Myth, Identity, and Conflict: A Comparative Analysis of Romanian and Serbian Textbooks, by Anamaria Dutceac Segesten, is an examination of how history and politics became entangled in Romania and Serbia. In it, Segesten asks questions like: Is myth present in the history textbooks of Romania and Serbia? If so, are there differences in the ways these myths define the in-group and the relationship with the Other between a country that experienced interethnic conflict (Serbia) and a country that did not (Romania)? Do textbooks affect the odds that conflict will occur?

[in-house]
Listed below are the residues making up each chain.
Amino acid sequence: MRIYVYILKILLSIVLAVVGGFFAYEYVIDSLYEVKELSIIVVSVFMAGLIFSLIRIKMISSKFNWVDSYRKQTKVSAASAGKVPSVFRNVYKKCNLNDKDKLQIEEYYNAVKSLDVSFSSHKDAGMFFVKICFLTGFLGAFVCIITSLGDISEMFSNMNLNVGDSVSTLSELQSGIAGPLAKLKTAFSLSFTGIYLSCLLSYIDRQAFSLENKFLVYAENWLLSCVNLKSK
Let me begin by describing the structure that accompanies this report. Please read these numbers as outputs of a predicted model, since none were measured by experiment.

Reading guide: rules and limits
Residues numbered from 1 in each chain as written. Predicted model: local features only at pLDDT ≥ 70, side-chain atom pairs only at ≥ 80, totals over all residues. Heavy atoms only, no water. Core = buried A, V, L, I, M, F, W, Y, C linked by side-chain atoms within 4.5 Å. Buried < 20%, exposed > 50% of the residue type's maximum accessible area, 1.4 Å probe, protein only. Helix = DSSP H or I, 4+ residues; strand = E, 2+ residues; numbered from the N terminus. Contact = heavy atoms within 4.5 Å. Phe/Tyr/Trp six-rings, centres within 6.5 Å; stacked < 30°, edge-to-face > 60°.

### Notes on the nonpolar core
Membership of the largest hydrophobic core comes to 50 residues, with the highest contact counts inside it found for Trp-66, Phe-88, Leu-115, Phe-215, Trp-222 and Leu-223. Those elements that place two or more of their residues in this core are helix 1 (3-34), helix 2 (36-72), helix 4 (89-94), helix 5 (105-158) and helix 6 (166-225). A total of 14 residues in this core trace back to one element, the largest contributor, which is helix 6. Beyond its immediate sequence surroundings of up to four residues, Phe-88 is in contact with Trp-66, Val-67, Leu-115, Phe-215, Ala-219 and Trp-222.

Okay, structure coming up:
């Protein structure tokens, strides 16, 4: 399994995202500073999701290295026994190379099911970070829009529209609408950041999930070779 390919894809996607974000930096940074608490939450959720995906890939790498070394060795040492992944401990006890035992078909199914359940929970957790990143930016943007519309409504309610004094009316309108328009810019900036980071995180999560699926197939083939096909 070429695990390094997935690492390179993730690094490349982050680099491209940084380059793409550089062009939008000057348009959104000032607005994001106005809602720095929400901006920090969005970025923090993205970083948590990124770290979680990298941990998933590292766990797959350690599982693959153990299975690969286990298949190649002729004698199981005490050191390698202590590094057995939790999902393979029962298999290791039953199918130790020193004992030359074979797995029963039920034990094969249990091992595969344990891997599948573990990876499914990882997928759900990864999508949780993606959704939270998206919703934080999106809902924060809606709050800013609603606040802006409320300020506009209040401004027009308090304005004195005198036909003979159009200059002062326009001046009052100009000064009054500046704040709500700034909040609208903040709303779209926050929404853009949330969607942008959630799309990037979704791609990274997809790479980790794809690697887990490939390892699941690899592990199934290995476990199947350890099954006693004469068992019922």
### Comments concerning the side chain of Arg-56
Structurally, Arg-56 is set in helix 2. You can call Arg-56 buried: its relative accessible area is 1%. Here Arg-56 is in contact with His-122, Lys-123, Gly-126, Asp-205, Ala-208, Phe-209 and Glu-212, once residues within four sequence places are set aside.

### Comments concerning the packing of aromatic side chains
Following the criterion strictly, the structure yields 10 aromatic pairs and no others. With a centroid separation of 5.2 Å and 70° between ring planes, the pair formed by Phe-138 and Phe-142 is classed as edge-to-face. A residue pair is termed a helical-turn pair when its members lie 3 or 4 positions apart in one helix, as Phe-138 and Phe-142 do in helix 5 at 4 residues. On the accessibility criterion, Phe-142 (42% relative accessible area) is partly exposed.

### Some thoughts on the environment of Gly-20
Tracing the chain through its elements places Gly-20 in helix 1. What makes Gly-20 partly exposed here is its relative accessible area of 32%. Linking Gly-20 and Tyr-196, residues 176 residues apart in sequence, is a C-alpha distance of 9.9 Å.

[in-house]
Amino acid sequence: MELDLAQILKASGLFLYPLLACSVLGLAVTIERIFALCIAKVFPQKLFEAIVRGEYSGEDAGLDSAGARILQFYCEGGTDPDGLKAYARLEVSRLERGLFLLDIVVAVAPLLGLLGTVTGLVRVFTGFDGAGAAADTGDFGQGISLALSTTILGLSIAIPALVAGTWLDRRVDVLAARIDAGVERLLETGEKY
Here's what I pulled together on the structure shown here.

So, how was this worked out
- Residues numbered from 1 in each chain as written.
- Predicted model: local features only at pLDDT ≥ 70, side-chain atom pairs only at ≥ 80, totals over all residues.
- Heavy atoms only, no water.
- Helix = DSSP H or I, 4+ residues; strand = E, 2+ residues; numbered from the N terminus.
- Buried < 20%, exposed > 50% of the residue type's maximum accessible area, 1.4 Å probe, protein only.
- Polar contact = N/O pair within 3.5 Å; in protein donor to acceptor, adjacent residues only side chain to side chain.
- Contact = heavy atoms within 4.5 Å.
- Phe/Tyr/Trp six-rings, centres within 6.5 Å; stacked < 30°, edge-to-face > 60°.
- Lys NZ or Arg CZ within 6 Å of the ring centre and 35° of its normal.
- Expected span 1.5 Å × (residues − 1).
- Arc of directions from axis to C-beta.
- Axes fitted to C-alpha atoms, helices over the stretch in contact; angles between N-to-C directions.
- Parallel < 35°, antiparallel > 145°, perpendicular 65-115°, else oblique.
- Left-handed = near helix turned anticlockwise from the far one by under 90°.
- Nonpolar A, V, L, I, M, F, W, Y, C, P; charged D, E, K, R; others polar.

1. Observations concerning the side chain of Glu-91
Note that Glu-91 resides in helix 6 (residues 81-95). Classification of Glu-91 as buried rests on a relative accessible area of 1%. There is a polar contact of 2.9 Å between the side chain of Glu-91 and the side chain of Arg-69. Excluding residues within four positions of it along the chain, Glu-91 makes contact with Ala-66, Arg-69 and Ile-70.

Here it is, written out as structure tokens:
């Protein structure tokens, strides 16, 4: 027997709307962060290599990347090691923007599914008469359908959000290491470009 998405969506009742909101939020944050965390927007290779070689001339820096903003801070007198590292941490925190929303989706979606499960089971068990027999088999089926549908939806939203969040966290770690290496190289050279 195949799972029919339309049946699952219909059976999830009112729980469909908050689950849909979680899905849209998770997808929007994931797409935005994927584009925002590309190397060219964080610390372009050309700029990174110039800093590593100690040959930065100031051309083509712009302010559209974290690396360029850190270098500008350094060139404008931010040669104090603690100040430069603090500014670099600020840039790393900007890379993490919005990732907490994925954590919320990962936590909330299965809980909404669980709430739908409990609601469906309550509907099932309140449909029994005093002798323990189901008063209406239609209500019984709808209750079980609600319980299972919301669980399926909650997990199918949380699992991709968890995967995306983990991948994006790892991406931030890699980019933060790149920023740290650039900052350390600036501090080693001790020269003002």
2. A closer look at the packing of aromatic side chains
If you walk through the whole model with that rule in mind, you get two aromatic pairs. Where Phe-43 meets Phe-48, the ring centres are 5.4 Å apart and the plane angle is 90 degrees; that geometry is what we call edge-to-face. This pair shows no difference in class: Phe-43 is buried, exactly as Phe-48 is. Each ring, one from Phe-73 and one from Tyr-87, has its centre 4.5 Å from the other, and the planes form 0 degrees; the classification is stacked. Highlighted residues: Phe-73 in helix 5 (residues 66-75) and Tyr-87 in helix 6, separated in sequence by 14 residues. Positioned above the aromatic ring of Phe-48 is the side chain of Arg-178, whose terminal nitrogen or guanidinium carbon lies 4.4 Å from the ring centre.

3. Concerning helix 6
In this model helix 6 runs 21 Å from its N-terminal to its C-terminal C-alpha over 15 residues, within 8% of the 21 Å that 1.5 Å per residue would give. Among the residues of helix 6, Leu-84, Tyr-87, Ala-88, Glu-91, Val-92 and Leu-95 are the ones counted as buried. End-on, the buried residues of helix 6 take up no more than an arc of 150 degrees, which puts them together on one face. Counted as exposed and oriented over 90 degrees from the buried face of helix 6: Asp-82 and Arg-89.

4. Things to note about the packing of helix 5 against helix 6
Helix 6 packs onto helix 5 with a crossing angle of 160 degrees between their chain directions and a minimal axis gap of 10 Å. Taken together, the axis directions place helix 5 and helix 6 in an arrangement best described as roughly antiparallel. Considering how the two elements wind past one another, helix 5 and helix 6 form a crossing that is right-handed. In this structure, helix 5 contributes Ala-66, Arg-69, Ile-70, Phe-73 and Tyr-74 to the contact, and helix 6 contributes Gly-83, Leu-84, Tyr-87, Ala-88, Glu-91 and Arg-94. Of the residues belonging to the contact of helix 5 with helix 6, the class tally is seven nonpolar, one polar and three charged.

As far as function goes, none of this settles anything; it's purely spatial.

Segesten’s findings confirm the presence of mythologized versions of the past in the history textbooks of both countries over the entire fifteen-year period studied (1992–2007), despite claims for professionalization of textbook-making. Myths of noble origins, of heroism and victimhood, appear in both cases. Segesten finds the language to be ideological and in favor of the ethnic majority, even if over time there is a slow tendency towards moderation (especially in Romania), probably due to the influence of the European Union. Ultimately, Myth, Identity, and Conflict, by Anamaria Dutceac Segesten, questions the alleged power of history textbooks to make a difference in ethnically divided societies prone to conflicts.